|Publication number||US7704263 B2|
|Application number||US 10/875,766|
|Publication date||Apr 27, 2010|
|Filing date||Jun 24, 2004|
|Priority date||Jul 2, 2003|
|Also published as||US20050065535|
|Publication number||10875766, 875766, US 7704263 B2, US 7704263B2, US-B2-7704263, US7704263 B2, US7704263B2|
|Inventors||John K. Morris, Robert A. Van Wyk|
|Original Assignee||Morris John K, Van Wyk Robert A|
|Export Citation||BiBTeX, EndNote, RefMan|
|Patent Citations (27), Referenced by (1), Classifications (13), Legal Events (1)|
|External Links: USPTO, USPTO Assignment, Espacenet|
This application claims priority from U.S. Provisional Patent Application Ser. No. 60/484,243, filed Jul. 2, 2003, the entire content of which is incorporated herein by reference.
The disclosed invention relates to arthroscopic surgery, and more particularly, to the control of sutures to prevent tangling during arthroscopic procedures including rotator cuff repair, labral repair and other soft tissue apposition.
The advantages of arthroscopic surgery are significant, however, the procedure has been technically demanding, particularly with respect to rotator cuff repair. The introduction of second-generation anchors with improved holding power and larger eyes which allow sutures to slide easily through them, and clear cannulas which improve visualization, has made the procedure easier. Until recently, however, passing suture through the cuff has been a challenging, multi-step process beyond the skill (or patience level) of many surgeons. This is especially true for surgeons who only infrequently do rotator cuff repairs.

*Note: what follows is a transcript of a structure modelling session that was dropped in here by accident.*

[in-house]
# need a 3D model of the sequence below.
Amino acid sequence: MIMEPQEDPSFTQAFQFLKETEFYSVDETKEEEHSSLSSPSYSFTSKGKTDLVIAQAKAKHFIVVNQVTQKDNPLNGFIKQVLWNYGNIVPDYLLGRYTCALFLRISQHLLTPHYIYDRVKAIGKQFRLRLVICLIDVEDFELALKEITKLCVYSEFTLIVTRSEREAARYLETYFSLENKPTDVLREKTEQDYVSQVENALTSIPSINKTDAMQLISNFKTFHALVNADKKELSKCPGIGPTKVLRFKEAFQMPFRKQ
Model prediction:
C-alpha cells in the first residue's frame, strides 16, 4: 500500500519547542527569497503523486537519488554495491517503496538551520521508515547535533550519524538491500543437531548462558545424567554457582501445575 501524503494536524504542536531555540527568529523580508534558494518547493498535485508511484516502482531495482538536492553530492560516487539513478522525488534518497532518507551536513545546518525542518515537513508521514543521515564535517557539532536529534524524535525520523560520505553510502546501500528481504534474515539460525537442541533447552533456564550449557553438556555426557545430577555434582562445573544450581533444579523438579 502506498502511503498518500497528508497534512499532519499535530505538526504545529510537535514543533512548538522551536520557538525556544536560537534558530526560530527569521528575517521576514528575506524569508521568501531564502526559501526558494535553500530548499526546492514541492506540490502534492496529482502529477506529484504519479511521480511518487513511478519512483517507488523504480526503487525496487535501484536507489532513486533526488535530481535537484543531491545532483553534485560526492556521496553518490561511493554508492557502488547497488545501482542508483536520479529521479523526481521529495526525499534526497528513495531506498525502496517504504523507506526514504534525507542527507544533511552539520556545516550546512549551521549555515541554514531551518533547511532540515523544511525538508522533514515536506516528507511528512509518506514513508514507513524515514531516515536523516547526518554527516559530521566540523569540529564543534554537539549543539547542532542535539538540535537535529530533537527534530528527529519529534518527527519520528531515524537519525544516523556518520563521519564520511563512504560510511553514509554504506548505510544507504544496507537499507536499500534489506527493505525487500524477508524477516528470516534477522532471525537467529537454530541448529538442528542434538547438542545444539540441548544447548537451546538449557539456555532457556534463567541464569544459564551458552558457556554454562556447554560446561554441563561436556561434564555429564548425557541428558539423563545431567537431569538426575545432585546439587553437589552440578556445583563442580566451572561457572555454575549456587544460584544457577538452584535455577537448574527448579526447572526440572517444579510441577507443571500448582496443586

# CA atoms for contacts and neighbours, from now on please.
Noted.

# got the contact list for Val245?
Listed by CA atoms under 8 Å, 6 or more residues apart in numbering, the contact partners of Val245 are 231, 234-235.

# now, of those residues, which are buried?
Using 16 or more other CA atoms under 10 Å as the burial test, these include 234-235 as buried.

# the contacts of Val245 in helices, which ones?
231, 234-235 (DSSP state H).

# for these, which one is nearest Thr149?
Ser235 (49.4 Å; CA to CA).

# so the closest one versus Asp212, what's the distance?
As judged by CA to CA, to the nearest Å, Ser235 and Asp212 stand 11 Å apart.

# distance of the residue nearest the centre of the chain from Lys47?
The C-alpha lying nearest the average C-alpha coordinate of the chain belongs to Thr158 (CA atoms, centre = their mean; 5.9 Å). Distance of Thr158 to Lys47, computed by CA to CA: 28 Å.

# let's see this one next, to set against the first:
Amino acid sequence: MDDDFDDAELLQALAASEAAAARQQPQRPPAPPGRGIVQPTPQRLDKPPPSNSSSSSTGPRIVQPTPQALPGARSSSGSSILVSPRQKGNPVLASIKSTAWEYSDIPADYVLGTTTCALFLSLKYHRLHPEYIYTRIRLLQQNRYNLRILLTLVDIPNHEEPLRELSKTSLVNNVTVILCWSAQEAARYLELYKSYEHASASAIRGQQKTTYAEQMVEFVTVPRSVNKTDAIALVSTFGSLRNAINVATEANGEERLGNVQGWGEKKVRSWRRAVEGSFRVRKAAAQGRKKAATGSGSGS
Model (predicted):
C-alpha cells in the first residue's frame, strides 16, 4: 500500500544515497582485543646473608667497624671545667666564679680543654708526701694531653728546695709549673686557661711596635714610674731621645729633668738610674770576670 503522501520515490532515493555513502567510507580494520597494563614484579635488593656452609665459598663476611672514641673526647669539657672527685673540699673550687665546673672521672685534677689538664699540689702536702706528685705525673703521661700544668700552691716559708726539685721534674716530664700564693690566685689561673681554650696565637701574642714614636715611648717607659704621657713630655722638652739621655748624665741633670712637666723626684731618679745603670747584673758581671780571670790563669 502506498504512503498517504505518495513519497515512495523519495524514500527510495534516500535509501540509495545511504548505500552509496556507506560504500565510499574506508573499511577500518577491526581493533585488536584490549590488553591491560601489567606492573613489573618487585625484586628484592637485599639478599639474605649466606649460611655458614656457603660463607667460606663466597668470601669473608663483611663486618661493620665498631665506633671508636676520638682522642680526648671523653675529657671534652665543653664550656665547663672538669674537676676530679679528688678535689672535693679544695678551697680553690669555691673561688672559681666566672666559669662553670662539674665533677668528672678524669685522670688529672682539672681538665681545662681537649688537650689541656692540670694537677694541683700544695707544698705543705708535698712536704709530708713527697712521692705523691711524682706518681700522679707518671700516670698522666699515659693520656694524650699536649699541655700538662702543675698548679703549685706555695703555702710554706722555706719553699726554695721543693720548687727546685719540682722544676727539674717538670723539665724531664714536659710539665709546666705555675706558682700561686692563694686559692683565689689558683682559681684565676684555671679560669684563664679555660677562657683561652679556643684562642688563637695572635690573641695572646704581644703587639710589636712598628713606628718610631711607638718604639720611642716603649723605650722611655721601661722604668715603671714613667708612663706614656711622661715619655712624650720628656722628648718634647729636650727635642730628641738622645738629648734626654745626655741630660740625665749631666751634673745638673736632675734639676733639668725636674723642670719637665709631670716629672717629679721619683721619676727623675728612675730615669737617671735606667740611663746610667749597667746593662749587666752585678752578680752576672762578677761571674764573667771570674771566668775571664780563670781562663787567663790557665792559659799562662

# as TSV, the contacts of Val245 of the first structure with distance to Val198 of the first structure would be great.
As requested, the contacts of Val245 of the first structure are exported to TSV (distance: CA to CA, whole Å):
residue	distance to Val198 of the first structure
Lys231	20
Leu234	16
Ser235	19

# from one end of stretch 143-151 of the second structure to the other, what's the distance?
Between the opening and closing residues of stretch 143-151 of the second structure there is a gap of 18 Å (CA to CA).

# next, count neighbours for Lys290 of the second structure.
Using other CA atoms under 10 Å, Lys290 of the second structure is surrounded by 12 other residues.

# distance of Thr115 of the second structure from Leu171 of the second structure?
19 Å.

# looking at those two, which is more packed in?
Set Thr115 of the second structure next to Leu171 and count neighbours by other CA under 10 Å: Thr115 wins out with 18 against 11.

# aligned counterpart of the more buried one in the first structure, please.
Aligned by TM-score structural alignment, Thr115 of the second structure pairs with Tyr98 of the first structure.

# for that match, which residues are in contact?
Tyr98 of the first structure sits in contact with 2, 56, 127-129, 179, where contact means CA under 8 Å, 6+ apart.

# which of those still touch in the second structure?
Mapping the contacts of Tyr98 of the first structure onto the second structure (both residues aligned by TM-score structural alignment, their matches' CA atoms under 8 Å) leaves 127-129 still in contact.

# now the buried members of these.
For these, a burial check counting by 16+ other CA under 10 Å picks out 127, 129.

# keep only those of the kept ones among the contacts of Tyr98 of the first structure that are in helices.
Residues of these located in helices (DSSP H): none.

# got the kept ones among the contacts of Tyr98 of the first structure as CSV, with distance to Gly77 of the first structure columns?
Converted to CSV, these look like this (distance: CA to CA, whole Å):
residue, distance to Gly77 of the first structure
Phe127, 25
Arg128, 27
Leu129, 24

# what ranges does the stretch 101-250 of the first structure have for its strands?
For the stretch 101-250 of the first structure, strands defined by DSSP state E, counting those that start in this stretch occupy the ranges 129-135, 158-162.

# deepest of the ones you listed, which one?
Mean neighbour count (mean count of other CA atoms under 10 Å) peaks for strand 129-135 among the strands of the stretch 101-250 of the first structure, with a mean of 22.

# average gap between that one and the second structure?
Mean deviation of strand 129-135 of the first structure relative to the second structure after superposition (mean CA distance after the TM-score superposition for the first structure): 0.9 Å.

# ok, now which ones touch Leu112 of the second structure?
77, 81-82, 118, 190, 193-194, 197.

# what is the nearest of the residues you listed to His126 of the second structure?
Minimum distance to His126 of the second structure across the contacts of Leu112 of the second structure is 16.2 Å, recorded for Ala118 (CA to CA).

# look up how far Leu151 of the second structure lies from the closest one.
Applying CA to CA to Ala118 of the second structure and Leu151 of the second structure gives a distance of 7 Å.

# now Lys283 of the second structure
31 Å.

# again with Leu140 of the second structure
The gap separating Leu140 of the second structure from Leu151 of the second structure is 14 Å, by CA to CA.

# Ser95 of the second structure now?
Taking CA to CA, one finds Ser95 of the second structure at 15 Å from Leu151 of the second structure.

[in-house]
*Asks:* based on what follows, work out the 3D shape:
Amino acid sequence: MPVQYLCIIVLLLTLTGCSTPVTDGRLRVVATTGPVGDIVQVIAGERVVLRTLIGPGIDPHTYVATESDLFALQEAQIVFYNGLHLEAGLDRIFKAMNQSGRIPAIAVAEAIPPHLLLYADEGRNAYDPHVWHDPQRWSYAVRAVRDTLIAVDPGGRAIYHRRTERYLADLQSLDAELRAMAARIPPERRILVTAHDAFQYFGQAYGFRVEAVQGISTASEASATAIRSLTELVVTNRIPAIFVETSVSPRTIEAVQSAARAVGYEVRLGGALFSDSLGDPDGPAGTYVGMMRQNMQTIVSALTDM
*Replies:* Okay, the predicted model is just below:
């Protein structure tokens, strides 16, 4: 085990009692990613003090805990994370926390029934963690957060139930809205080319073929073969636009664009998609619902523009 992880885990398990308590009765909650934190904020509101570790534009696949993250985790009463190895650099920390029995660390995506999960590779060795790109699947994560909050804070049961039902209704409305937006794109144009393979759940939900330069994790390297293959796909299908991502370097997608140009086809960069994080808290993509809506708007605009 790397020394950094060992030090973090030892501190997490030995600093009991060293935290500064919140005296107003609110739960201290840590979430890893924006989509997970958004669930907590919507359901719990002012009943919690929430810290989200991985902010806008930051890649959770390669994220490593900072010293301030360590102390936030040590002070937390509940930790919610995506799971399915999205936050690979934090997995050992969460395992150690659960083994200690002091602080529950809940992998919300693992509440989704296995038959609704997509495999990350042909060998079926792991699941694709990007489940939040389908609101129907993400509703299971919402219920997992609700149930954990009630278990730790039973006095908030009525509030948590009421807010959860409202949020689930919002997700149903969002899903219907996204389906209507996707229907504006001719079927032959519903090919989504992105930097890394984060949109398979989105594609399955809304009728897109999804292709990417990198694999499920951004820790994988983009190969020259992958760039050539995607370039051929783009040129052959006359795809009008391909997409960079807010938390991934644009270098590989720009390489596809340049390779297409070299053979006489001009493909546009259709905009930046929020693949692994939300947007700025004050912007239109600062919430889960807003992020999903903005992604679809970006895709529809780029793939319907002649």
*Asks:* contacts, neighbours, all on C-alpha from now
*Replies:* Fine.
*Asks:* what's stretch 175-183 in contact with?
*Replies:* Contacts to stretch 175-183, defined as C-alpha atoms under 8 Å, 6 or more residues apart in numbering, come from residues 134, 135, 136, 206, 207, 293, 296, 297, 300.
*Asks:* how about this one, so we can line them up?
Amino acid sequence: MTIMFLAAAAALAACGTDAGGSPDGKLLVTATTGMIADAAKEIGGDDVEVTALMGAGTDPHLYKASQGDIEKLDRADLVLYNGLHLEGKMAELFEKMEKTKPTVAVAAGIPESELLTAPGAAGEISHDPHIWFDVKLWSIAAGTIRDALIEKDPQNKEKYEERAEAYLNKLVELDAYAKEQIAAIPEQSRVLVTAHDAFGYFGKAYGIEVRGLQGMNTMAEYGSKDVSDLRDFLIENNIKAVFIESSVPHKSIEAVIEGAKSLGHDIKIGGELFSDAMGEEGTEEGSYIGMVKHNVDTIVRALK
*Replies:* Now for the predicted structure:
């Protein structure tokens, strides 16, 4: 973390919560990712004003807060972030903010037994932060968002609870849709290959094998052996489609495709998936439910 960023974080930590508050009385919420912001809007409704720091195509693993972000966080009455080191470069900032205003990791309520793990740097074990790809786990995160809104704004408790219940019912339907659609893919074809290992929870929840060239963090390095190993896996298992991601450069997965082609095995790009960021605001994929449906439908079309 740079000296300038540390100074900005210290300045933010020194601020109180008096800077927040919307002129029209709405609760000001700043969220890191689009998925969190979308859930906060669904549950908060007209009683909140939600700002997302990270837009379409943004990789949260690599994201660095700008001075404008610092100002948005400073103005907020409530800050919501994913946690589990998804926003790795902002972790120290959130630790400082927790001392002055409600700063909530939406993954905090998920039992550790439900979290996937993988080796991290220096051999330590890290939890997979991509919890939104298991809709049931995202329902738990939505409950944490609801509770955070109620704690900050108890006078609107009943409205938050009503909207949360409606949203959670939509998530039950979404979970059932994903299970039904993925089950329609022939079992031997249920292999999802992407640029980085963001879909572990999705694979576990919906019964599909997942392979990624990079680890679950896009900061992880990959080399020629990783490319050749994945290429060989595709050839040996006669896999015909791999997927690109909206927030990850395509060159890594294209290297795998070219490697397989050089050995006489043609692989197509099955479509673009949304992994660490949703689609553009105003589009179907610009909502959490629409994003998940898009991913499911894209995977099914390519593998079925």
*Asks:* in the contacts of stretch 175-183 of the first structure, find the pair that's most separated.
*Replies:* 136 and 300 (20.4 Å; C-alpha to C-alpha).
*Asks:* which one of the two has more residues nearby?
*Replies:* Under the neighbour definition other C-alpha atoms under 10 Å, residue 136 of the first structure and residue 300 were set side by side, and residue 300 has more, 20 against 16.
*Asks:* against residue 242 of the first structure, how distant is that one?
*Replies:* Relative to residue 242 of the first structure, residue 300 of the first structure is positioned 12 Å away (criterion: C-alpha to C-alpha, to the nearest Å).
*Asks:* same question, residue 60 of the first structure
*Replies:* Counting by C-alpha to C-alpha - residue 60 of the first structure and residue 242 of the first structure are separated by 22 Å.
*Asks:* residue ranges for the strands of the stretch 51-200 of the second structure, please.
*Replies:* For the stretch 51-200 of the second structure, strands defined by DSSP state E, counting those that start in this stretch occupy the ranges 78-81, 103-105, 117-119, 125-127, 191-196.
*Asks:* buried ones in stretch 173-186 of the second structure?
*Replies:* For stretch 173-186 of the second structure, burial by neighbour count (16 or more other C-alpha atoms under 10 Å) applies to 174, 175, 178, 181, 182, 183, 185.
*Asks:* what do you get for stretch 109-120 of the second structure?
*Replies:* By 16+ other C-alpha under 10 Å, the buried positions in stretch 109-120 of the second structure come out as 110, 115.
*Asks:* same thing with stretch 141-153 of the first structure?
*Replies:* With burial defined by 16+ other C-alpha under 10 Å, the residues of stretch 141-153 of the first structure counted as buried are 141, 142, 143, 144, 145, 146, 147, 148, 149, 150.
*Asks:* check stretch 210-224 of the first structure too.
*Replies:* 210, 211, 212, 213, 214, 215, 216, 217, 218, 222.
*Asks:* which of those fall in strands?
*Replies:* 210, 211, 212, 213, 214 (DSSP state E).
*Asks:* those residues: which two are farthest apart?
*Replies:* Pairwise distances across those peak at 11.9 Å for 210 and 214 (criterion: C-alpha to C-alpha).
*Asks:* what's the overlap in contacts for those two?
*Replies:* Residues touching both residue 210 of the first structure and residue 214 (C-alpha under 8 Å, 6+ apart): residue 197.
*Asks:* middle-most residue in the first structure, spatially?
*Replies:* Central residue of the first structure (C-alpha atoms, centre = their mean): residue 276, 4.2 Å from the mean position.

In 2001 in the state of New York, 9,207 cuff repairs were performed by 859 surgeons. During this time period, 90 percent of the New York doctors who performed rotator cuff repairs performed 24 or fewer cuff repairs each, an average of less than one every two weeks. The infrequency with which these doctors perform the procedure generally prevents them from developing the skills necessary to perform the procedure arthroscopically. The recent introduction to the market of instruments which are able to pass braided suture without the use of a shuttle (a device which is first passed through the cuff, and is then used to pull the suture through the cuff) has removed much of the difficulty. The ExpresSew™ by Surgical Solutions, LLC (Valencia, Calif.) is able to directly pass braided suture through a cuff. The Needle Punch™ by Arthrex Incorporated (Naples, Fla.) is able to grasp the cuff, pass braided suture through the cuff, and bring the suture out through the cannula used for access (the working cannula).